The implication, according to the film's junior novelisation is that Bodhi's clever ruse was sufficient to buy them the time needed to take off before anyone in ground control was able to do anything about it. On top of that, he took off at an inadvisable speed, preventing them from doing much before the ship had attained orbit.

“Read back, please. Request denied. You are not cleared for takeoff.” Bodhi grimaced and then steeled himself to respond. “Yes, yes we are. Affirmative.” He hesitated for a moment. “Requesting a recheck.”
Rather than waiting for a response, Bodhi fired up the shuttle’s engines. The rest of the people in the shuttle—Jyn included—belted themselves in. It was either going to be a very short trip or a very fast takeoff.
“I’m not seeing this…request here,” the person on the other side of the comm said. “What’s your call sign?”
Bodhi glanced around, panicked. He had no idea what to say. “Yes, we have it. It’s, uh…Um…”
Bodhi looked to Jyn, but she just shrugged at him. He said the first thing that came into his mind. “Rogue! Rogue One.”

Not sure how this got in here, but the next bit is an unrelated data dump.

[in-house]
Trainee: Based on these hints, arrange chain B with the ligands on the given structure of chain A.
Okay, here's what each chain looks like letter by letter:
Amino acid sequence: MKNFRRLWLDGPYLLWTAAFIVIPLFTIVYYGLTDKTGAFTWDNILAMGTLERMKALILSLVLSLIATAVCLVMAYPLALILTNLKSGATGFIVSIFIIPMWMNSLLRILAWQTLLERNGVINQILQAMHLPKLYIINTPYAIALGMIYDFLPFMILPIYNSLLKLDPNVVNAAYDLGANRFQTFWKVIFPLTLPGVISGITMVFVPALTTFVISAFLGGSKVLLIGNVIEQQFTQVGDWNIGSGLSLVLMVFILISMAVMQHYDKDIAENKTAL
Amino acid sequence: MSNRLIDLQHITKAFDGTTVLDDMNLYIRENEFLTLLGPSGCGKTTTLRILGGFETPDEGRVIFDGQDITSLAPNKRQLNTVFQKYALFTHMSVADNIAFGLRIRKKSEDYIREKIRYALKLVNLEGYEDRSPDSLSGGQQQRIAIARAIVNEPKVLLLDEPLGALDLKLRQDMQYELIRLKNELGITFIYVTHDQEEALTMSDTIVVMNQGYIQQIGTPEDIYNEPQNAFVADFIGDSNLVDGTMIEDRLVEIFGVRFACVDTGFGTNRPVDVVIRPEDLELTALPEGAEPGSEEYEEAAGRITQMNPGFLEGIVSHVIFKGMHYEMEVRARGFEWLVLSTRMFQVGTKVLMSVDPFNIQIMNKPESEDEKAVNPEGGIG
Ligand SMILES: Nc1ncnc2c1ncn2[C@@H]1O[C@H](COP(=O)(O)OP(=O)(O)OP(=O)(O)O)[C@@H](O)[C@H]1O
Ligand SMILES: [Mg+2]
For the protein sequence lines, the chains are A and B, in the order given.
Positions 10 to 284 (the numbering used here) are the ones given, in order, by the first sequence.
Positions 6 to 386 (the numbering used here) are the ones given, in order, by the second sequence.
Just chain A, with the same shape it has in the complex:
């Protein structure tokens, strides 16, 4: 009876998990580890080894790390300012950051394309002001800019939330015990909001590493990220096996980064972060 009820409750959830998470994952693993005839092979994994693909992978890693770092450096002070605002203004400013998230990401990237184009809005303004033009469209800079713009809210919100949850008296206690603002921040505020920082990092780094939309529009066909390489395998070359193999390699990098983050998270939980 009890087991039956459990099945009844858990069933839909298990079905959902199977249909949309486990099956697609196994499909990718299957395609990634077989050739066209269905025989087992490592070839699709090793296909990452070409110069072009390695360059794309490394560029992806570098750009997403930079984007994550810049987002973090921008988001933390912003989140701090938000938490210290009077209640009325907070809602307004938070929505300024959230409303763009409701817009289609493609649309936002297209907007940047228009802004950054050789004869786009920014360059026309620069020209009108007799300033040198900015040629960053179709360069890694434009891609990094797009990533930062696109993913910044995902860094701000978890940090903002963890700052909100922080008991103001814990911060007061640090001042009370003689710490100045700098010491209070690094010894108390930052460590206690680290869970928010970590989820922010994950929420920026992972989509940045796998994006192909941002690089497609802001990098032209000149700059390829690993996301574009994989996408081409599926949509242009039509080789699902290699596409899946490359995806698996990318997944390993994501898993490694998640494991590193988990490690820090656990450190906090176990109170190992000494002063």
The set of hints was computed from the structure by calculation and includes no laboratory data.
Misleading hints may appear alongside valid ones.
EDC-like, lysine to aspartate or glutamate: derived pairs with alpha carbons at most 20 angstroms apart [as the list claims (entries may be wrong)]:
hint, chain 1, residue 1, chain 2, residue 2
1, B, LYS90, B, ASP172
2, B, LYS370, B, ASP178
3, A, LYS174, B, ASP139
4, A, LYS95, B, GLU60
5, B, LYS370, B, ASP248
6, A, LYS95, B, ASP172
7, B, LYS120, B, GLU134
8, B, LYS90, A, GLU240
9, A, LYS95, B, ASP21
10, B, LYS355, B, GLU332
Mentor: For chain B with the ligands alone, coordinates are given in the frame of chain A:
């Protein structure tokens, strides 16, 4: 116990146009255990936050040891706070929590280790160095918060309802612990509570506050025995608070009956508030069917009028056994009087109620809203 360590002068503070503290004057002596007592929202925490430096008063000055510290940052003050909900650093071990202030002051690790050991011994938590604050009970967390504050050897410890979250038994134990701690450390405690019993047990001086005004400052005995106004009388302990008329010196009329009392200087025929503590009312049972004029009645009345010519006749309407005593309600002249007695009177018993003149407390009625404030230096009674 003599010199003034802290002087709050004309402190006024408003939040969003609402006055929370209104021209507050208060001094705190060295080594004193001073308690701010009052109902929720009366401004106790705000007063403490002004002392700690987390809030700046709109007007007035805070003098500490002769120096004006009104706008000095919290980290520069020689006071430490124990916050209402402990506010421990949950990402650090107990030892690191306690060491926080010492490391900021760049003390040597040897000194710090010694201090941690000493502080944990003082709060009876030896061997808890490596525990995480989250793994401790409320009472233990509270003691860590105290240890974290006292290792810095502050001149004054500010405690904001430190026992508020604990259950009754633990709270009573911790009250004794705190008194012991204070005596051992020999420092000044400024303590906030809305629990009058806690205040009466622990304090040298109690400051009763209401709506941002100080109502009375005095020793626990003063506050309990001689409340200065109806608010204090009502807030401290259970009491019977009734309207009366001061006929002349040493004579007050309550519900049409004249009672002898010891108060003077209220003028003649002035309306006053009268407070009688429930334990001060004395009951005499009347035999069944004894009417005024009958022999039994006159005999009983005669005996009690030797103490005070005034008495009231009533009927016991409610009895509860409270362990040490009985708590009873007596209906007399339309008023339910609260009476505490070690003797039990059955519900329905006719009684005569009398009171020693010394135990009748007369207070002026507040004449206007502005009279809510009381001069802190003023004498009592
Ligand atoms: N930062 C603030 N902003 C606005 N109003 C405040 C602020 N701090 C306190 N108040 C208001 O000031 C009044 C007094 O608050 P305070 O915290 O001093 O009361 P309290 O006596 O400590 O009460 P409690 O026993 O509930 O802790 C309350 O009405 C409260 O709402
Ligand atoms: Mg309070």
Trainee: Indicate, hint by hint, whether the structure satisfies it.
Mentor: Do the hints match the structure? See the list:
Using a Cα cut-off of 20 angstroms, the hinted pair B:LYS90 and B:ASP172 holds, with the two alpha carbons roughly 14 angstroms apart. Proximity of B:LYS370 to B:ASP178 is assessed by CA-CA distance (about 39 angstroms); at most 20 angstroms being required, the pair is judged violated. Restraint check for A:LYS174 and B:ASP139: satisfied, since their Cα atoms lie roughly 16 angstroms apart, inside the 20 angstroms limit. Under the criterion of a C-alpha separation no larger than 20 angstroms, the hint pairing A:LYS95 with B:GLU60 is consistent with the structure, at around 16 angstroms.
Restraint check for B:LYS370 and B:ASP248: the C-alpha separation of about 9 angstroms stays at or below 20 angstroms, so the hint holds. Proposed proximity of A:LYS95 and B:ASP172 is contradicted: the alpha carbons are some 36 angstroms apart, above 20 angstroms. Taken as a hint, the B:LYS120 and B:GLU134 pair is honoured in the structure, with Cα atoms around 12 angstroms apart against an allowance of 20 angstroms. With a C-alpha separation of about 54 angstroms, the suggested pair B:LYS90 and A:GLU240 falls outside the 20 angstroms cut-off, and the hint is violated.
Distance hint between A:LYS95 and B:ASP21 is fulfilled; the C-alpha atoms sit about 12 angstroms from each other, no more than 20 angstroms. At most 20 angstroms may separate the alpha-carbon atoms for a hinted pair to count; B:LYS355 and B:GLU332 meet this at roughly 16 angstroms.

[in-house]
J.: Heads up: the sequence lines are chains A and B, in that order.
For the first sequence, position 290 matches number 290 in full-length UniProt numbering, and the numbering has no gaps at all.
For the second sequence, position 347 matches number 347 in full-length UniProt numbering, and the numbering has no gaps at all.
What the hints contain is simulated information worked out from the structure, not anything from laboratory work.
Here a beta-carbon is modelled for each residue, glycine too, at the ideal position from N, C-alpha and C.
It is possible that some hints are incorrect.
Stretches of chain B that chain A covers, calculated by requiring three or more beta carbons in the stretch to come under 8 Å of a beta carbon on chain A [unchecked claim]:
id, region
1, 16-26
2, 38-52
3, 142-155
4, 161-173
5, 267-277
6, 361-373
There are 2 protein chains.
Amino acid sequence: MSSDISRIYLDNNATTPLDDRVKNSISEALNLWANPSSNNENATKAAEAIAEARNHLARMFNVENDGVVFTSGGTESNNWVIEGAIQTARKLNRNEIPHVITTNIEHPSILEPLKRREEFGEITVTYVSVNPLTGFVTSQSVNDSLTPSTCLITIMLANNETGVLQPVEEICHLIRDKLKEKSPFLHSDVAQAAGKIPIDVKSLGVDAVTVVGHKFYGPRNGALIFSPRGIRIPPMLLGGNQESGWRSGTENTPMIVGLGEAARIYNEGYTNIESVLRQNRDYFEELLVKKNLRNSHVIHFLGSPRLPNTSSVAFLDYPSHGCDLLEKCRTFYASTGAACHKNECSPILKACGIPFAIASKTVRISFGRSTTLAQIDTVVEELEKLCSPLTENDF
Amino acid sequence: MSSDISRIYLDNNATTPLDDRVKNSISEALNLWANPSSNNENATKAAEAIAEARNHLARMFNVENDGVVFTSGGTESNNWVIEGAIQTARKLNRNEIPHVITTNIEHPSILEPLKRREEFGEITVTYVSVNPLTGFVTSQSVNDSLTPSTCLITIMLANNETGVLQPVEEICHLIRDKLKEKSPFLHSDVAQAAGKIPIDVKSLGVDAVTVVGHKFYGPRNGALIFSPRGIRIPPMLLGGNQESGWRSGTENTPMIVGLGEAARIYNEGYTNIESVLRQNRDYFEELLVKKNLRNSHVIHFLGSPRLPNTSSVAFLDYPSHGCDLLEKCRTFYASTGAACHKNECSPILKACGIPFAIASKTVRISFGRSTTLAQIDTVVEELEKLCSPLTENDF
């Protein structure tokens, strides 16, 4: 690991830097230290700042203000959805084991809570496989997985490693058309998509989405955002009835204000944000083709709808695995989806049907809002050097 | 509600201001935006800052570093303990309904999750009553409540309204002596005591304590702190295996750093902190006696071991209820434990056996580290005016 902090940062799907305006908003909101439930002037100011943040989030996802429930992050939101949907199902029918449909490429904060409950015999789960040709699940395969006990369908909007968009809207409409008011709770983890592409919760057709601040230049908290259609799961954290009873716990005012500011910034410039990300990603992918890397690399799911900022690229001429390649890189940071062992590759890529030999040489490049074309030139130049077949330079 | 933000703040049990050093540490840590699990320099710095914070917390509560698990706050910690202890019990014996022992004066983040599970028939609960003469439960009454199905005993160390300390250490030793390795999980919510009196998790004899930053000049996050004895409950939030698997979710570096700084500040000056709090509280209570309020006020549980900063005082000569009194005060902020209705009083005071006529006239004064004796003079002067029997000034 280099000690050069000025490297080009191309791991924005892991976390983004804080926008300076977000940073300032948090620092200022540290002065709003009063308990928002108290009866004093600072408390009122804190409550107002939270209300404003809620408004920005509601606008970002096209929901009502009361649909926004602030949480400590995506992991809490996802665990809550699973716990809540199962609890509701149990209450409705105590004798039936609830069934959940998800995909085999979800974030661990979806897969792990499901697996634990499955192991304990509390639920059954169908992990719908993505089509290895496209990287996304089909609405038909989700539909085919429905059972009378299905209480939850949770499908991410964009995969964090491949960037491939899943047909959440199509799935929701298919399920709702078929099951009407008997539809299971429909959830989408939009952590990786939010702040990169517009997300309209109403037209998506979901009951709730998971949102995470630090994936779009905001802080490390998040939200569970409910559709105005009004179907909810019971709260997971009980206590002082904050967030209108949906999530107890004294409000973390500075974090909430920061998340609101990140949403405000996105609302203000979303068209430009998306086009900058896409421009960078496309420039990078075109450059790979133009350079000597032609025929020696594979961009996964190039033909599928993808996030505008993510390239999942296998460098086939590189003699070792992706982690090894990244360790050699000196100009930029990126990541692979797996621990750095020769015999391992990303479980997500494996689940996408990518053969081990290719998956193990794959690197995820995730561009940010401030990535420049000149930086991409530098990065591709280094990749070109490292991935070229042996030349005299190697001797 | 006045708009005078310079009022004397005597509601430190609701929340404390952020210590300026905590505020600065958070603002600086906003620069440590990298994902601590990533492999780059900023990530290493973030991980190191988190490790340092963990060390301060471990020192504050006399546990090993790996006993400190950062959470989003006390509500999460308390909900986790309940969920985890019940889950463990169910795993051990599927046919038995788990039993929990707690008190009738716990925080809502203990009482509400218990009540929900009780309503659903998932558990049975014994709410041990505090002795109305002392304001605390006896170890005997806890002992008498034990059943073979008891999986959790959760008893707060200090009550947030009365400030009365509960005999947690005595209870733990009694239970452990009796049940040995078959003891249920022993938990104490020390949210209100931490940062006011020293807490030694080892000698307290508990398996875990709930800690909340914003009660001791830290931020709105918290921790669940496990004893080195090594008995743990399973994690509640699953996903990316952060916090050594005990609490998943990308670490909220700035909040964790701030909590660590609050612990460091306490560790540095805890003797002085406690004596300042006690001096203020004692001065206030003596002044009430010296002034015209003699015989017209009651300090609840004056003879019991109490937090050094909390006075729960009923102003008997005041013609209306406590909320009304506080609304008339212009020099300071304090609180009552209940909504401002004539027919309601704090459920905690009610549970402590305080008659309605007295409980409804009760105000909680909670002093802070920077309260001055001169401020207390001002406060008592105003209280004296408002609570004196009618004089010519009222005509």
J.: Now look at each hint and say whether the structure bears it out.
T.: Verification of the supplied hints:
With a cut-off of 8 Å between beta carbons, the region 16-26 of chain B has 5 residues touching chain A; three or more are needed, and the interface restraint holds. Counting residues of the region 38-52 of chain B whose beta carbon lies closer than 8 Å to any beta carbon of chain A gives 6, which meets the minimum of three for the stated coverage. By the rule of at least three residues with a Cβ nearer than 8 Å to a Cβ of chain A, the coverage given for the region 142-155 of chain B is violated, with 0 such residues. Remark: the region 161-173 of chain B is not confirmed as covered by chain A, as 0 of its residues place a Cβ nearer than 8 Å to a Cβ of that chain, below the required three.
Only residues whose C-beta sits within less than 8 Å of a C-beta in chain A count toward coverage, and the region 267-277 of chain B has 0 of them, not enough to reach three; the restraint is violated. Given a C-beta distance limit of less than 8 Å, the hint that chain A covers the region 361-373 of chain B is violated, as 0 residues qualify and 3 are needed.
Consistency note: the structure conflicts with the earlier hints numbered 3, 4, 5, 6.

“There is no ‘Rogue One,’” the person on the comm responded.
“There is now,” K-2 said.
Bodhi gunned the engines and took the shuttle into the air.
“Rogue One pulling away,” he said.
An instant later, they were gone.

Rogue One: A Star Wars Story – A Junior Novel


They weren't. That was kind of the point of that conversation with traffic control.

Perhaps you're asking why didn't they get shot down? The answer to that is, why would they? The point of air-traffic control is typically to organize traffic to keep things safe. Without them, you'd be liable to have aircraft crashing into each other right and left. A person who ignores them and just does what they want is liable to have sanctions applied against them, like having their license pulled. Sometimes. But it would have to be really extreme circumstances to actually bother to shoot them down.

Now they could have just completely ignored air-traffic control. But informing them of their intentions to take off at least gave ATC enough of a heads-up to reroute other traffic to avoid collisions. They may have been rebels twice over, but they weren't sociopaths.

Your Answer

By clicking “Post Your Answer”, you agree to our terms of service and acknowledge you have read our privacy policy.

Not the answer you're looking for? Browse other questions tagged or ask your own question.